Safeguarding and protecting election integrity in Kimanis ― Akhbar Satar

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JANUARY 8 ― The by-election in Kimanis is around the corner. Given this, it is appropriate if all political parties who are contesting in this by election to engage in clean and fair election campaigns. Integrity and fairness in electoral campaigns are crucial to ensure that fraud or corruption does not damage the credibility of the entire election and its outcome, thereby undermining the due democratic process enshrined in the Federal Constitution.

The Kimanis by-election has been necessitated by the Election Court's nullification on August 16, 2019, of former MP Datuk Seri Anifah Aman's win in Kimanis in the 14th general election in May 2018. He had polled 11,942 votes to win by a 156-vote majority on a Barisan ticket. Datuk Seri Anifah Aman later quit Umno in September 2018 to become an independent MP and had held the seat for 20 years after winning it for the first time in 1999.

As the law enforcement agencies, the the Malaysian Anti-Corruption Commission (MACC) will take stern action against any political party, agents and its members who breach of the provisions of Election Offences Act 1954(EOA) and found to have been using inducement as a means to buy votes during the current Kimanis state by-election. The police meanwhile can focus on other criminal offences and security matters.

The MACC has set up a special operations centre to enable the public to report any instances of abuse of power and corruption in the Kimanis by-election which will operate 24 hours daily, is located at the Kota Kinabalu MACC office. People could contact 088-488381 for information.

According to the existing legislative framework, the Election Commission (EC) does not have the power to probe or fine any election candidate or party it represents for any violation of election law, especially provisions under the EOA.

Breaking the law

Both candidates who are contesting in this by election should not engage in any activities that could violate election laws and regulations in accordance with the EOA, MACC Act 2009 and Malaysian Communications and Multimedia Commission (MCMC).

Many have accused the change of government in May 2018 does not seem to have brought the expected changes to the way political parties conduct their election campaigning. In the Port Dickson by-election, election monitoring group Coalition for Free and Fair Elections (Bersih 2.0) observed 10 election offences committed by candidates. Election offences were also reported during the Sungai Kandis by-election in August and the Seri Setia and Balakong by-elections a few months back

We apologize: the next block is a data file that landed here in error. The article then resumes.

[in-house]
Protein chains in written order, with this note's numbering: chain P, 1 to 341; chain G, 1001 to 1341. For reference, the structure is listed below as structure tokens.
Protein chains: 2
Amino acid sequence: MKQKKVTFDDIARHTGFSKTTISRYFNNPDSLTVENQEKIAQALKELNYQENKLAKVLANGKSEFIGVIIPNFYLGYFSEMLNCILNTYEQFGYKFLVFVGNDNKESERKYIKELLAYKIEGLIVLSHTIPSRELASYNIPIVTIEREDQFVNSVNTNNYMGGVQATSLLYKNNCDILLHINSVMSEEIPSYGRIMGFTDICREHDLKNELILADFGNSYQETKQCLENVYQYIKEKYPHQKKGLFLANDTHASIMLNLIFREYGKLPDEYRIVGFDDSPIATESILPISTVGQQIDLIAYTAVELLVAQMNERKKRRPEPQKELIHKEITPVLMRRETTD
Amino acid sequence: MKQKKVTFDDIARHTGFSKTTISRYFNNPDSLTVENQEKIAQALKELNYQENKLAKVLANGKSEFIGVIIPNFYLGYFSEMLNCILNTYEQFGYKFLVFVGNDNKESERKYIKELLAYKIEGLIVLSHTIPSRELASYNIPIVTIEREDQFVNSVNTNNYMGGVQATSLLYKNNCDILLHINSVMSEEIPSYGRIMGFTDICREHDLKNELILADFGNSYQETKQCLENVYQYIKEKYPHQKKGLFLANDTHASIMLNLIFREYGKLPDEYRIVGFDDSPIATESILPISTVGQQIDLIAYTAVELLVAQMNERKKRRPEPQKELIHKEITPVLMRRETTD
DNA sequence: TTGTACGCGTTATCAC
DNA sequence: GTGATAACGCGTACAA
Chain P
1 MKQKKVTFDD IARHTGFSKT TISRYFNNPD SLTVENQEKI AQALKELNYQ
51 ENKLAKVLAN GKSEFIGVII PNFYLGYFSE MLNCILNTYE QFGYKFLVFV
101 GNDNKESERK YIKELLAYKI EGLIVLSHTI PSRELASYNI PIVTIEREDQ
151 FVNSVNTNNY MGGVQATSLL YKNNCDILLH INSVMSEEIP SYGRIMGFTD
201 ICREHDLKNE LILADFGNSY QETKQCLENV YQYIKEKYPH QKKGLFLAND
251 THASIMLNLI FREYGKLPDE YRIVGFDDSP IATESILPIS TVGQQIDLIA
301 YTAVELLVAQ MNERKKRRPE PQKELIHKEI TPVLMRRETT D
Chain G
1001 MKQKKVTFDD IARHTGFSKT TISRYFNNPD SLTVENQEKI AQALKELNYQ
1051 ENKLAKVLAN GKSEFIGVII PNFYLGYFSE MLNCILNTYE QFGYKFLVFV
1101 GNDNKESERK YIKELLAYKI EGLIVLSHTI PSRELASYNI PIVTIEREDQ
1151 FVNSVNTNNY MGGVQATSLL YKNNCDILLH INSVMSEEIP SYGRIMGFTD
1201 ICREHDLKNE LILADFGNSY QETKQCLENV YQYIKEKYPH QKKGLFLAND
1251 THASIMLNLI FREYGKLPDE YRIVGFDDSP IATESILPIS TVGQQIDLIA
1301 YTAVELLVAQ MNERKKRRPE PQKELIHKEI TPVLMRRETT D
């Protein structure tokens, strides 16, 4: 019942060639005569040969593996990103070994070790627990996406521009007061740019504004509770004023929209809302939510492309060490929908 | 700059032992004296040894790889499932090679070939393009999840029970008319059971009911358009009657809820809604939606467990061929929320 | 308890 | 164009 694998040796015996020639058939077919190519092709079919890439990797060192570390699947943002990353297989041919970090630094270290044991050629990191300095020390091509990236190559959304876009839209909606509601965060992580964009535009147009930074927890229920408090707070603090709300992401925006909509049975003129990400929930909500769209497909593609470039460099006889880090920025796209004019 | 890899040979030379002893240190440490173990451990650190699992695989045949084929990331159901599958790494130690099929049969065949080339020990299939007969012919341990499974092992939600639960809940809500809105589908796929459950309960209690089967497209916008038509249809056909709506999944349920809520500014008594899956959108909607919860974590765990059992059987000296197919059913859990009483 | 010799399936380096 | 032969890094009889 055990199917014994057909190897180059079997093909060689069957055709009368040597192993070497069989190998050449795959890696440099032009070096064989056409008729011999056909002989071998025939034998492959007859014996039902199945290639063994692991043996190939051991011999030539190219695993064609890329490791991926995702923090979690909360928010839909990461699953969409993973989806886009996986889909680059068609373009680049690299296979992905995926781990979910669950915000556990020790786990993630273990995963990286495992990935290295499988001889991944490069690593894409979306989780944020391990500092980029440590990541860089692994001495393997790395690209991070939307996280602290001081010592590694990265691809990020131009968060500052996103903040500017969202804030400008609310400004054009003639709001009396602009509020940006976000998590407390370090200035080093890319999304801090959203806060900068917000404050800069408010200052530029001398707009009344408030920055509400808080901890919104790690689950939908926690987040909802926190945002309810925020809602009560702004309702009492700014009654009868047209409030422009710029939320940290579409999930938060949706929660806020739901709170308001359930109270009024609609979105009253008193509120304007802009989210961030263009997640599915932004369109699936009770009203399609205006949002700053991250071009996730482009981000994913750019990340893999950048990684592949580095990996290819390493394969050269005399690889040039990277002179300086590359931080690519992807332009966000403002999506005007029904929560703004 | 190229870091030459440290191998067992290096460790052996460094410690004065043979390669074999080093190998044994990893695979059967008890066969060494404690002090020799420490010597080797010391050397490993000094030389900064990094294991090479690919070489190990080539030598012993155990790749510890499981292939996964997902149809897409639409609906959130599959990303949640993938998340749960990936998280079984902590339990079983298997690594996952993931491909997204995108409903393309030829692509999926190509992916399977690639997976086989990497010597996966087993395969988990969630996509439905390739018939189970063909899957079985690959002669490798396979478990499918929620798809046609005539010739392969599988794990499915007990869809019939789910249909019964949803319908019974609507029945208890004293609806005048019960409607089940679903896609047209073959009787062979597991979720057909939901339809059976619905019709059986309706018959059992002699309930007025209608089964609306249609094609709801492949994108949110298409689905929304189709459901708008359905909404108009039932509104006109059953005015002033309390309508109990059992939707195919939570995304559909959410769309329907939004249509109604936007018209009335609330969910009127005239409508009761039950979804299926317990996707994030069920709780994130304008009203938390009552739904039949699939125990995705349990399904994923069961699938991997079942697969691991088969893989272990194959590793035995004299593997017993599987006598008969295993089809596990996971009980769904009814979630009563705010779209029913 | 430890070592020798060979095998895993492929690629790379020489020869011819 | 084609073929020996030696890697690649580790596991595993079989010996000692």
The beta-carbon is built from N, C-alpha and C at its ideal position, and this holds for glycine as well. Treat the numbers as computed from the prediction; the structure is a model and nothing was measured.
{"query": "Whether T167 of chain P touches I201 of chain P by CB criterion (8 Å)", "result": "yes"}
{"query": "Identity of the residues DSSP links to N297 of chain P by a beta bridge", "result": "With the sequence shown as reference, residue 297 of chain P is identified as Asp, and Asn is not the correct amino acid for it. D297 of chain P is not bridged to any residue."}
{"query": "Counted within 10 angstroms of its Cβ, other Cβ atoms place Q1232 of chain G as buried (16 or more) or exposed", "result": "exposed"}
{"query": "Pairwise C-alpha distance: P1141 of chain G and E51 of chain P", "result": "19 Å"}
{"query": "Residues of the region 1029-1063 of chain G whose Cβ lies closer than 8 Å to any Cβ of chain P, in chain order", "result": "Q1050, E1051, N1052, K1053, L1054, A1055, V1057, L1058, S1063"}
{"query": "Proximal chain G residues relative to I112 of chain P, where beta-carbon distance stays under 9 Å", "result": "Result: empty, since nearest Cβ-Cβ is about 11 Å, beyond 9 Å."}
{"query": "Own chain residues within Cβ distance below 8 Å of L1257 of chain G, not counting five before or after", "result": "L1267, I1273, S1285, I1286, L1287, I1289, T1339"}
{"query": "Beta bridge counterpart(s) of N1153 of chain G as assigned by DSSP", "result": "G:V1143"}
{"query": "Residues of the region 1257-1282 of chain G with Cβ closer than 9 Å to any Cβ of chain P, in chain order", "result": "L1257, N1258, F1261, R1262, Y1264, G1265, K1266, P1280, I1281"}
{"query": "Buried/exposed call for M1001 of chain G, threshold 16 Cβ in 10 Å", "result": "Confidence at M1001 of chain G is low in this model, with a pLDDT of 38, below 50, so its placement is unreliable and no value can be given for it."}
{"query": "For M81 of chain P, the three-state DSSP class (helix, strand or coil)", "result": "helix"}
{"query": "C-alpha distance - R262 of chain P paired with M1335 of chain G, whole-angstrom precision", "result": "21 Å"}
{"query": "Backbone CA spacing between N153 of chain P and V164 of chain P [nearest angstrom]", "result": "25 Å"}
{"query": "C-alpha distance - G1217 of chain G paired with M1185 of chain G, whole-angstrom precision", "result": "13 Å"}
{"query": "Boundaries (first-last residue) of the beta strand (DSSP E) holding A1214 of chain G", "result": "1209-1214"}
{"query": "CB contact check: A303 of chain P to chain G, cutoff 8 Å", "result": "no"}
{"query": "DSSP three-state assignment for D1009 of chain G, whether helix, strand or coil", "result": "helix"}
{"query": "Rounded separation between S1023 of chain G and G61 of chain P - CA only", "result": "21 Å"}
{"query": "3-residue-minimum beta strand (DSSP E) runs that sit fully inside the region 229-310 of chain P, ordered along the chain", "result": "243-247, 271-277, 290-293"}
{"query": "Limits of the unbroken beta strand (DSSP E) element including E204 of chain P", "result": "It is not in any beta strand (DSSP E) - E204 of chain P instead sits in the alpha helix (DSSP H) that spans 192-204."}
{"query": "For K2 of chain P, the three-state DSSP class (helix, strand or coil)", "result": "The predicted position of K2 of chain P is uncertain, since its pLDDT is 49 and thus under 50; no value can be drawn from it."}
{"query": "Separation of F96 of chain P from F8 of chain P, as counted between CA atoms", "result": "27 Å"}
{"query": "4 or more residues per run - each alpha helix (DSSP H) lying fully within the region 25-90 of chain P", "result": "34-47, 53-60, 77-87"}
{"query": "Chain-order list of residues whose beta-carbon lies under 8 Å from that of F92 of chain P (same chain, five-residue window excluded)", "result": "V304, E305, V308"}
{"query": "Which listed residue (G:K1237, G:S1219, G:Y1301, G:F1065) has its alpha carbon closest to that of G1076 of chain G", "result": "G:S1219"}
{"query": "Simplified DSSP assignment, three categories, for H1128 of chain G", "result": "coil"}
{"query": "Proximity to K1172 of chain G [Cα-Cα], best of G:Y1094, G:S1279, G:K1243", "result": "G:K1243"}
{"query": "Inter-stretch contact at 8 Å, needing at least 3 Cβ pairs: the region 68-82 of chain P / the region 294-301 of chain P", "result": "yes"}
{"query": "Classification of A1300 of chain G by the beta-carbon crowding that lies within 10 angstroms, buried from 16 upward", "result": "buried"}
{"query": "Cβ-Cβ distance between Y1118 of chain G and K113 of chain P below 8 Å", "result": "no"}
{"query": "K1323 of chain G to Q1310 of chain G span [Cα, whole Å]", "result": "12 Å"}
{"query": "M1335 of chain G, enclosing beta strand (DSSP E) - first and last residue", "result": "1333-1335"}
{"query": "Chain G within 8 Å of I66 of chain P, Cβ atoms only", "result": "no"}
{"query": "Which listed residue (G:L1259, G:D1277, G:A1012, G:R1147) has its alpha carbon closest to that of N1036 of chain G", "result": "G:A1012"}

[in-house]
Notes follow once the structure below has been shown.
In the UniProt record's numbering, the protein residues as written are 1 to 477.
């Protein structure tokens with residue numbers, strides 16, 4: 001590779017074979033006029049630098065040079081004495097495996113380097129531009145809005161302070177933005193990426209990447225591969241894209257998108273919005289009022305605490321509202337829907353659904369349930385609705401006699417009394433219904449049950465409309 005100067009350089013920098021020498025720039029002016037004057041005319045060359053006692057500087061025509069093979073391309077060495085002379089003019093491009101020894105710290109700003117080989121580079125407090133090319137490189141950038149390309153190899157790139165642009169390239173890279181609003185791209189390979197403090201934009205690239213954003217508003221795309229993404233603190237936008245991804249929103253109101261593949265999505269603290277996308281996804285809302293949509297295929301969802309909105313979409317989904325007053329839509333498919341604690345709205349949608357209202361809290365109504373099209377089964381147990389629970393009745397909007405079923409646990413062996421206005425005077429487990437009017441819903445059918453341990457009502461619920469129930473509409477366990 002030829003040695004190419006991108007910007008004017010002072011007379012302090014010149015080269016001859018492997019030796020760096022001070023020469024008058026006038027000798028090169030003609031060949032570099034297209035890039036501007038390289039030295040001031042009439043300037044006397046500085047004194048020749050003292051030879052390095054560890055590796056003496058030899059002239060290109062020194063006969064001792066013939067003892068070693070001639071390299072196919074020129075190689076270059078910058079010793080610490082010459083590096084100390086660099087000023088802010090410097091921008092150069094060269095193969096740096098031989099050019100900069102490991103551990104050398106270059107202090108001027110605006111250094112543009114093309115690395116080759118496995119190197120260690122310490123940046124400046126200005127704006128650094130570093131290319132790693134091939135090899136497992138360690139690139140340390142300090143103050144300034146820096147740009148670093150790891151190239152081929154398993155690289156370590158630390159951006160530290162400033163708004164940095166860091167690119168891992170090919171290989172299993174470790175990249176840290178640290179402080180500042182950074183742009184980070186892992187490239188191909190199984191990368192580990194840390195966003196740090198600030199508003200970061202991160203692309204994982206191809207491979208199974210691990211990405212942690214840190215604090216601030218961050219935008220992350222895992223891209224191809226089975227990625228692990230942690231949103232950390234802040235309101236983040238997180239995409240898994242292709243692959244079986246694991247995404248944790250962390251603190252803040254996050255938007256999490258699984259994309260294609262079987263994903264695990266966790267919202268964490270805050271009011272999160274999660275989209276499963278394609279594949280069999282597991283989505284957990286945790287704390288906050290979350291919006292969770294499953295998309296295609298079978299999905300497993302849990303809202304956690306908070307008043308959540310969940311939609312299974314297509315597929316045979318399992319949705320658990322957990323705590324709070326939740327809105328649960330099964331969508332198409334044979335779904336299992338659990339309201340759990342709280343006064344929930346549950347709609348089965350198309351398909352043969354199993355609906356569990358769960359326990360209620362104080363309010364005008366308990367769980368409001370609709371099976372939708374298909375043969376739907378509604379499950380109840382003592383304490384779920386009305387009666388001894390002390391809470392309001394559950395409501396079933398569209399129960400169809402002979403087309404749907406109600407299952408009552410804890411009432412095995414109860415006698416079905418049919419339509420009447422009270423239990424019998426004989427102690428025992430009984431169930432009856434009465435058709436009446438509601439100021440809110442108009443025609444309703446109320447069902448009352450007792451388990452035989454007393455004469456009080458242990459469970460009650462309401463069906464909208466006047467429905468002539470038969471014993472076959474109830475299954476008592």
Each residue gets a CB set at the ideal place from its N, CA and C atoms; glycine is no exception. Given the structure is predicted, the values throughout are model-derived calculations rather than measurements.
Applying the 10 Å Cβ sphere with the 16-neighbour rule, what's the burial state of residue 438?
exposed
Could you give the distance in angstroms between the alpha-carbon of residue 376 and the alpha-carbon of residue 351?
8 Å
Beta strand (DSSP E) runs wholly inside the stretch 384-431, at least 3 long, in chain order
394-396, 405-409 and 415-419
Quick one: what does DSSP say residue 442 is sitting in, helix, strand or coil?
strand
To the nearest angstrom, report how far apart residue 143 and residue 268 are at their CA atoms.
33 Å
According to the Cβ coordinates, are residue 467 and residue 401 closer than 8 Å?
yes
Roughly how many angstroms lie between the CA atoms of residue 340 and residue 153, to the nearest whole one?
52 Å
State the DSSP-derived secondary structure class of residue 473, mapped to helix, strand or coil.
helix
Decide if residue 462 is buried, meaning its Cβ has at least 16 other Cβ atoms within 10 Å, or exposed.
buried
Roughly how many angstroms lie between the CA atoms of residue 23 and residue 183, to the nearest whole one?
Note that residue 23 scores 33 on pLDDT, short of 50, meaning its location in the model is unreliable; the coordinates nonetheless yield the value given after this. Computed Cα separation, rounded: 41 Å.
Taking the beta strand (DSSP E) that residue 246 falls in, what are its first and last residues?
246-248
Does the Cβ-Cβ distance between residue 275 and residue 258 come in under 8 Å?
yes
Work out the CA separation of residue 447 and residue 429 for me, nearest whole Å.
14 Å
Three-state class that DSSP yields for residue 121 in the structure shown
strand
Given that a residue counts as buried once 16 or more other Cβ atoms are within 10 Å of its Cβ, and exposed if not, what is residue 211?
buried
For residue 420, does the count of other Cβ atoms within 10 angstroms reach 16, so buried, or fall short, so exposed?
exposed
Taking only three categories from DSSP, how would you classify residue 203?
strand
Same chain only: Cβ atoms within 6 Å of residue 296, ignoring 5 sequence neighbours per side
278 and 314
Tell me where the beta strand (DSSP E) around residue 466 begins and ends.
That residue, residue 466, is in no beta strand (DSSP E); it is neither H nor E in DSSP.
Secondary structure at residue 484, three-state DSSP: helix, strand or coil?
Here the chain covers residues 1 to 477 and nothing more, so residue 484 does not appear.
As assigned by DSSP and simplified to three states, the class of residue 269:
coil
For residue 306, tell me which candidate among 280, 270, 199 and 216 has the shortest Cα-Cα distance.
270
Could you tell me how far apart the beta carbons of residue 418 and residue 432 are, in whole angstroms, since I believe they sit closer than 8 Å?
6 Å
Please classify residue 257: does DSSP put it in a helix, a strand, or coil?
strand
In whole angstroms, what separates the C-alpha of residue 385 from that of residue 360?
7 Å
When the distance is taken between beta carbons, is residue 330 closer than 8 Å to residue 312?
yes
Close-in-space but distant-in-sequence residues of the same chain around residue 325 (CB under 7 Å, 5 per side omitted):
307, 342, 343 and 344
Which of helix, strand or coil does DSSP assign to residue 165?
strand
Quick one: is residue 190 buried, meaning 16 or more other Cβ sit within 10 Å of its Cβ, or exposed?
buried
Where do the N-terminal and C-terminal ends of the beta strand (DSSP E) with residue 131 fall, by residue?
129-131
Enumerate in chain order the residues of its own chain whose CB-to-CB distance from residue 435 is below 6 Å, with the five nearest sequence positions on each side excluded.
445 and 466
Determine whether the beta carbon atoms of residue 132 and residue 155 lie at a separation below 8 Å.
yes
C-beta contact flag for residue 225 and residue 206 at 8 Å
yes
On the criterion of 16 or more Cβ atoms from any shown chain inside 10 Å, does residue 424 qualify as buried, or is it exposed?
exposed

However, even before the nomination date and the official campaign period started in Kimanis, Umno vice-president Datuk Seri Ismail Sabri Yaakob alleged of corruption have surfaced. This include during a Christmas event in Membakut recently, where Warisan leaders handed out lucky draw prizes which are offences under the EOA.

Last Friday, Salahuddin announced an allocation of RM90,000 to the fishermen’s representative in Kampung Biau, Bongawan, to repair the old jetty in the village. In addition, Salahuddin also handed over a mock check for RM3 million to Papar PNK ― RM1 million under the allocation will be used for economic projects, while the balance of RM2 million in building grants for business purposes.

The Semenyih polls meanwhile saw a total of 35 cases of election offences and misconduct, which is the highest number among the six by-elections. Pakatan Harapan (PH) had been accused of committing 21 cases of election offences and misconduct, while Barisan Nasional(BN) had 13 cases, involving eight cases of undue influence, five of treating and gifting, three covering the promotion of ill-will using race and religion, two involving political violence and harassment, and 17 offences on polling day itself.

The recent Tanjung Piai by-election also saw a number of election offences and misconduct. There were 21 cases of election offences and 10 cases of misconduct at the by-election including three cases involved the offence of treating and gifting during campaigning period, while 18 other offences involved breaching the campaign limitation period on polling day. Bersih stated that all the cases involved PH ministers and the Johor Menteri Besar (Datuk Dr Sahruddin Jamal) announcing new development projects and allocation aimed at the people of Tanjung Piai. The total amount of allocation announced and those from news reports amounted to RM23.93 million.

These were not right, it’s morally wrong, unethical and attempts to influence voters unless it was an official schedule or pre-arranged as part of service delivery.

Bersih stated that the 10 cases of misconduct saw a worsening trend of misusing government resources for campaigning.

Political corruption

Campaign financing enforcement is also necessary. Election campaigns are increasingly expensive where politicians require large sums of money to run their campaigns and this raises serious integrity concerns. The sources of these funds, the amounts that may be accepted and the lack of equal resources may present potential threats that can affect the election.  In Malaysia there is no law on political funding.